A Farewell to Racked

On Saturday, the staff of Racked announced the website would be ending, and that they would be moving to a new section by Vox called The Goods. This weekend was already not getting off to a great start; I have spent the last couple of days cursing my college student immune system for allowing me to develop a cold, and listlessly staring at my roommate’s stick-on wall decoration that says “LIVE every MOMENT.”

Every time a website that hosts good, funny, thoughtful, and important writing shuts down, it cuts into my heart a little bit, and this news about Racked was the same. At least the concept of the site won’t fully be going away, but as writers on my Twitter feed started reflecting on the importance of such an outlet, I also became nostalgic. The simple truth is that Racked is everything a women’s magazine should be.

Women’s magazines, chick lit, woman writers, and all writing about fashion and beauty especially are frequently dismissed as vapid and unnecessary. I have been guilty of this, especially in my young teens during my not-like-other-girls phase. I have even disregarded this very publication when people ask me where my writing is published, waving my hand and saying “HerCampus… it’s kind of a place to write fluff pieces,” or something similarly dismissive. But fluff pieces are great! We need fluff pieces.

The current women’s magazine Bustle, founded by the morally questionable Bryan Goldberg, is defined by Goldberg’s thought that “Isn’t it time for a women’s publication that puts world news and politics alongside beauty tips?” How revolutionary! Thank god a man finally figured out that women can care about lipstick and the midterm elections.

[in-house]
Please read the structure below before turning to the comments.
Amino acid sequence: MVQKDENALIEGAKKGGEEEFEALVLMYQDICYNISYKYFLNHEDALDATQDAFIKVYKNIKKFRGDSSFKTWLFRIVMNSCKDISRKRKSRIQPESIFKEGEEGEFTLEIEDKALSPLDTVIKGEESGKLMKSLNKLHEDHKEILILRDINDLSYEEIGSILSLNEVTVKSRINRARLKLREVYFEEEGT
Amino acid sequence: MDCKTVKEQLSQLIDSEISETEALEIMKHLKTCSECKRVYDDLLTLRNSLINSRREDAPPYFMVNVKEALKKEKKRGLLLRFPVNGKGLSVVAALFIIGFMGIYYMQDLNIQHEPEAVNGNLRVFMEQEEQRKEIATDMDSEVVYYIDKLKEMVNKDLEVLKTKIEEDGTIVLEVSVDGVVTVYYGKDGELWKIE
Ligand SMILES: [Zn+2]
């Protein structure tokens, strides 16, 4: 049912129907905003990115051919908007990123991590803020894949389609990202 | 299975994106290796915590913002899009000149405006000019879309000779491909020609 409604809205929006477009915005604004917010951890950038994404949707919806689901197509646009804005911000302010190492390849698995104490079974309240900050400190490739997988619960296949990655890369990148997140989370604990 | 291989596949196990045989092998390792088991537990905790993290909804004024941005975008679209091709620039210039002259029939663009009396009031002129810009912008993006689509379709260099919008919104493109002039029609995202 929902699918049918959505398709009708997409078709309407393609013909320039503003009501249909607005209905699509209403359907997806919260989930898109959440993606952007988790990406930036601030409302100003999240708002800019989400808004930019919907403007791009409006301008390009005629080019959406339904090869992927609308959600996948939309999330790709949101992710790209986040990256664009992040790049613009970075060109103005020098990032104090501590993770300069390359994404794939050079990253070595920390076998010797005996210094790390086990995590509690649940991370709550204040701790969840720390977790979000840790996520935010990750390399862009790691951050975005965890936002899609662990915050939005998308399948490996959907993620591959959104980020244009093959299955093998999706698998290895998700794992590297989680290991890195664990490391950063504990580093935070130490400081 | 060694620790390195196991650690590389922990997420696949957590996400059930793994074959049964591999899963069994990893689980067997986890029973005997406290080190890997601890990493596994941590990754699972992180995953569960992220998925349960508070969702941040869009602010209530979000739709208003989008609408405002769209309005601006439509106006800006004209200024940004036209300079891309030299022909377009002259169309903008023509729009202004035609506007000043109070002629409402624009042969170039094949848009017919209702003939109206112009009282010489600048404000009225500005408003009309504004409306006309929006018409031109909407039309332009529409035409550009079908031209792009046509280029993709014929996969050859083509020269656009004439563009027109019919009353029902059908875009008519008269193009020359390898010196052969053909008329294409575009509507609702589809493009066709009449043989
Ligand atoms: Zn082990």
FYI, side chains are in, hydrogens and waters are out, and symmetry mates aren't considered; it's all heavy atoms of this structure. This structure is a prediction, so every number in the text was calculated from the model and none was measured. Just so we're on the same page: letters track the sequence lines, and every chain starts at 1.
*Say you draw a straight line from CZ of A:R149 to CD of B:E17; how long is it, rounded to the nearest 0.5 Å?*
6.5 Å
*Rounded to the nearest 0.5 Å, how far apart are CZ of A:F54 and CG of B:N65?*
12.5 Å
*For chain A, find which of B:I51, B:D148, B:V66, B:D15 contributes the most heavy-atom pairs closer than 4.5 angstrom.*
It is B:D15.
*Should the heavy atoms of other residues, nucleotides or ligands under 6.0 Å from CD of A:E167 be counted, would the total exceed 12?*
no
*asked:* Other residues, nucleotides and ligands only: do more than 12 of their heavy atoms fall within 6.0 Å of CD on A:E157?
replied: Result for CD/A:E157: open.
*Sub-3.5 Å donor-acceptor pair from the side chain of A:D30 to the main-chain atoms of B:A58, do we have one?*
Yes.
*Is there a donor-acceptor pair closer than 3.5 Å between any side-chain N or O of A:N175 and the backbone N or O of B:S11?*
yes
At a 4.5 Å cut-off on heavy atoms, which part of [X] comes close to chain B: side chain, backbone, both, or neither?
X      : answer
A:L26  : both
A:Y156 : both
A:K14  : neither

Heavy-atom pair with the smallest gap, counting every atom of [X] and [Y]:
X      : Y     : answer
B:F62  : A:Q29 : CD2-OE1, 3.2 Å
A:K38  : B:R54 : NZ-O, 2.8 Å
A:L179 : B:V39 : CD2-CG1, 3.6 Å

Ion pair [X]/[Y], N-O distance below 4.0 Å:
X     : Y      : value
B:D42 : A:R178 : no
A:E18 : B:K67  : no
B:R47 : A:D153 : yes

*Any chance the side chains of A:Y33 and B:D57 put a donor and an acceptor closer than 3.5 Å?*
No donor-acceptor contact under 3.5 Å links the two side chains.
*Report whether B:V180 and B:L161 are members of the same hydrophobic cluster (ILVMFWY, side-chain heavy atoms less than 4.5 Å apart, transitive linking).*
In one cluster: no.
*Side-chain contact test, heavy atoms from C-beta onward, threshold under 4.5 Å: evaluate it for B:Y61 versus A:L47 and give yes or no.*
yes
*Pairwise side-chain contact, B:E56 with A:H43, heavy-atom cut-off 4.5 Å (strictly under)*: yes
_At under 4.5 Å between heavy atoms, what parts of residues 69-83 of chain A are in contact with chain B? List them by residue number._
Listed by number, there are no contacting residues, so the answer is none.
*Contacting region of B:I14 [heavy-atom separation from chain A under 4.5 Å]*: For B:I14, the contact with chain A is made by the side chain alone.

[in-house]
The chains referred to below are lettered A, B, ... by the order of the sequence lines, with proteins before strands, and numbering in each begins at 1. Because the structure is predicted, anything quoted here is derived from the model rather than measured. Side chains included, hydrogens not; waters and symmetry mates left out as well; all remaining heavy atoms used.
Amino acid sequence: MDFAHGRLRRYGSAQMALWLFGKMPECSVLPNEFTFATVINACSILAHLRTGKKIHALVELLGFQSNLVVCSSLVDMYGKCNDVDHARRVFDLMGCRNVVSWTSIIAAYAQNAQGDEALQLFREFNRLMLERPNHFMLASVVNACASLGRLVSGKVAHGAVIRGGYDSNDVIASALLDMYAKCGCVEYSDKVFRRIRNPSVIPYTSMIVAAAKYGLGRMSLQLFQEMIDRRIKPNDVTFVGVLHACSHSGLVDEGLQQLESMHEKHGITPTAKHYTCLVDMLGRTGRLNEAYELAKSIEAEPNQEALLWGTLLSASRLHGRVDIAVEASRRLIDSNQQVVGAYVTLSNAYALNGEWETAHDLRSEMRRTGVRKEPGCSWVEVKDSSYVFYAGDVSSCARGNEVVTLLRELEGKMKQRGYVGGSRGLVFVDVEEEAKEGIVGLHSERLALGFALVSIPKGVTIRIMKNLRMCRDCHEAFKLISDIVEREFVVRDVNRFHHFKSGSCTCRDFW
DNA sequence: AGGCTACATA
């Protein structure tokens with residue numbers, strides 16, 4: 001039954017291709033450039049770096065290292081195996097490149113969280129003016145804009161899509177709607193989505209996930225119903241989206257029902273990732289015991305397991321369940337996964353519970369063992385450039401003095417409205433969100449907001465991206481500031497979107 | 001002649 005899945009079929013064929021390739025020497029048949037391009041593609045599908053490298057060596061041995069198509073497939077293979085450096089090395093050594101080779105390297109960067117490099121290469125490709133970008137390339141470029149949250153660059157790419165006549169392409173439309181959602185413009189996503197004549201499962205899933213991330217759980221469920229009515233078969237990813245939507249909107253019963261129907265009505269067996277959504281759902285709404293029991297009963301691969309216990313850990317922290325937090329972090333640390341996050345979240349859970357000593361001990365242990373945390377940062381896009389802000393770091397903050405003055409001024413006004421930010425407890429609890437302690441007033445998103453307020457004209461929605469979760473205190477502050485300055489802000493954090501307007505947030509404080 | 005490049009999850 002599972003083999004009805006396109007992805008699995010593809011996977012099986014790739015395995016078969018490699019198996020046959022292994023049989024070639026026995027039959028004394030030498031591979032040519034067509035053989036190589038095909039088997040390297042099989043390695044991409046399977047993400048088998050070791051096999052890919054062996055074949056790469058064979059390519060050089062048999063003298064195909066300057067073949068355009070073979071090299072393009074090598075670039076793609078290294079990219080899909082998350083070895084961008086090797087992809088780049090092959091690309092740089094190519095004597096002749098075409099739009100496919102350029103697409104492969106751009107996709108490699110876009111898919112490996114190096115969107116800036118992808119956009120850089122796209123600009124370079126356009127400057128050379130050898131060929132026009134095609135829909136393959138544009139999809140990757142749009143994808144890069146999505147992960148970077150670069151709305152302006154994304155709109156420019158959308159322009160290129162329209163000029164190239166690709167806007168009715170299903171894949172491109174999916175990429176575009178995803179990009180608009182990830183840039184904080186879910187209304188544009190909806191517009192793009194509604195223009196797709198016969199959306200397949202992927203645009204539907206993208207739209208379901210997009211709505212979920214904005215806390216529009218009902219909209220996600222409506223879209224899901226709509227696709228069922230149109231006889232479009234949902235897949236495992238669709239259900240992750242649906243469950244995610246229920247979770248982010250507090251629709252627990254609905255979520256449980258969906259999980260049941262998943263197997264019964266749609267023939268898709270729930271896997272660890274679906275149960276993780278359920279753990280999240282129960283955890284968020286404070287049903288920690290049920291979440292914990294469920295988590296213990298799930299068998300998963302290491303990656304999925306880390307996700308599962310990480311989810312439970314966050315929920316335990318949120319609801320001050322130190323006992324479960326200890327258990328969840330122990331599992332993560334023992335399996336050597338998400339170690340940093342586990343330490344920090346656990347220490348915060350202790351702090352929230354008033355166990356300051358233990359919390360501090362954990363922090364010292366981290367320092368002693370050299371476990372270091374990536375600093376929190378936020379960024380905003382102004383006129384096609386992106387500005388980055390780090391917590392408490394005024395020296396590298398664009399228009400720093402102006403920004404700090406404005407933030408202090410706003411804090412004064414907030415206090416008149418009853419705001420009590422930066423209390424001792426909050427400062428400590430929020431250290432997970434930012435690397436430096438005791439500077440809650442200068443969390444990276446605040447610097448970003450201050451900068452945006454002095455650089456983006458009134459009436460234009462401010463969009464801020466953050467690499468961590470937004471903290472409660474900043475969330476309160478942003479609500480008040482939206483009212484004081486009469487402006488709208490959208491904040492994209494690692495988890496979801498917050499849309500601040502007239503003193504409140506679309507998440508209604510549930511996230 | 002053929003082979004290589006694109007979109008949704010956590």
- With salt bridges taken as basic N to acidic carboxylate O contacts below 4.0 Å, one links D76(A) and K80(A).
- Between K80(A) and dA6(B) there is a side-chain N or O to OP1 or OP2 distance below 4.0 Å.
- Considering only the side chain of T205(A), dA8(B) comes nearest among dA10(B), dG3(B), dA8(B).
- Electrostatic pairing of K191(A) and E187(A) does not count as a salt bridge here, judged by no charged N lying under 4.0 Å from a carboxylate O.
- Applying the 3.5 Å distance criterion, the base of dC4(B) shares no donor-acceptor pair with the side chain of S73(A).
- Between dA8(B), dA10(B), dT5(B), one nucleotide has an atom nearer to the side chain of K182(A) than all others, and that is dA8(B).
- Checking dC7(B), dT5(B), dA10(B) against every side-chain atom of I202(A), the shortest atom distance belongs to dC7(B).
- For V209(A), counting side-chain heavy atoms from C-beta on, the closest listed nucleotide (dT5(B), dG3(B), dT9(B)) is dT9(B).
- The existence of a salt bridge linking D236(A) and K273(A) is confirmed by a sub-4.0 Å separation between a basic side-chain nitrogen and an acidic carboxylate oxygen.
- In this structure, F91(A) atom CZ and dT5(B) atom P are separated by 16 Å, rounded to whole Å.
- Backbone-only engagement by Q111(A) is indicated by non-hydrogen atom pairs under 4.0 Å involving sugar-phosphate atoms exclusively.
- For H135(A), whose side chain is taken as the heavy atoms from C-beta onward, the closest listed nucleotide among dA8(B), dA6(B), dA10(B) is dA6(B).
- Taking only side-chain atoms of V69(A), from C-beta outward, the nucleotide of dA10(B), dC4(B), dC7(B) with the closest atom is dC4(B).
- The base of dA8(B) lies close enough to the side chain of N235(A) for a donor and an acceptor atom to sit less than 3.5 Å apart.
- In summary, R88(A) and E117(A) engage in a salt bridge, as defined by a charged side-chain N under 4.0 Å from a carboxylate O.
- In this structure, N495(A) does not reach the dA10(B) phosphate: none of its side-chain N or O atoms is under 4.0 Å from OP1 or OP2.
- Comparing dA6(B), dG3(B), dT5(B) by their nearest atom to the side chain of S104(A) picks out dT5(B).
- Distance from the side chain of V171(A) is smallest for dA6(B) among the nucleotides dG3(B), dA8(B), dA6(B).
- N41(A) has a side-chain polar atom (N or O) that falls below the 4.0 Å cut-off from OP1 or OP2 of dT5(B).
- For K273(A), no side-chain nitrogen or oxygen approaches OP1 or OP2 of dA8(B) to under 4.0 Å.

Racked never assumed women were dumb. In fact, it assumed women were smart, cared deeply about issues such as gender expression, prison, living wage, and plus-size fashion, and not easily tricked by the myth of feminist brands. They also did a data-driven rundown of exactly how much useless free stuff women’s publications are given, which I… definitely have no experience with. None at all. [Kicks over several bottles of dry shampoo]

In addition to social issues, Racked explored the very human side of how fashion and beauty affects every detail of our lives, in sometimes unfortunate ways, like what do you wear to your brother's funeral, or the experience of putting on makeup to hide the physical effects of a heroin addiction.

Racked was a fantastic place to read and write about the experience of being a human, especially a woman, in a consumerist world. I regret that I never got a chance to work with any of their incredible editors, and I will certainly miss the website, but I look forward to what The Goods has in store.

And remember, stop doing things to your vagina for journalism.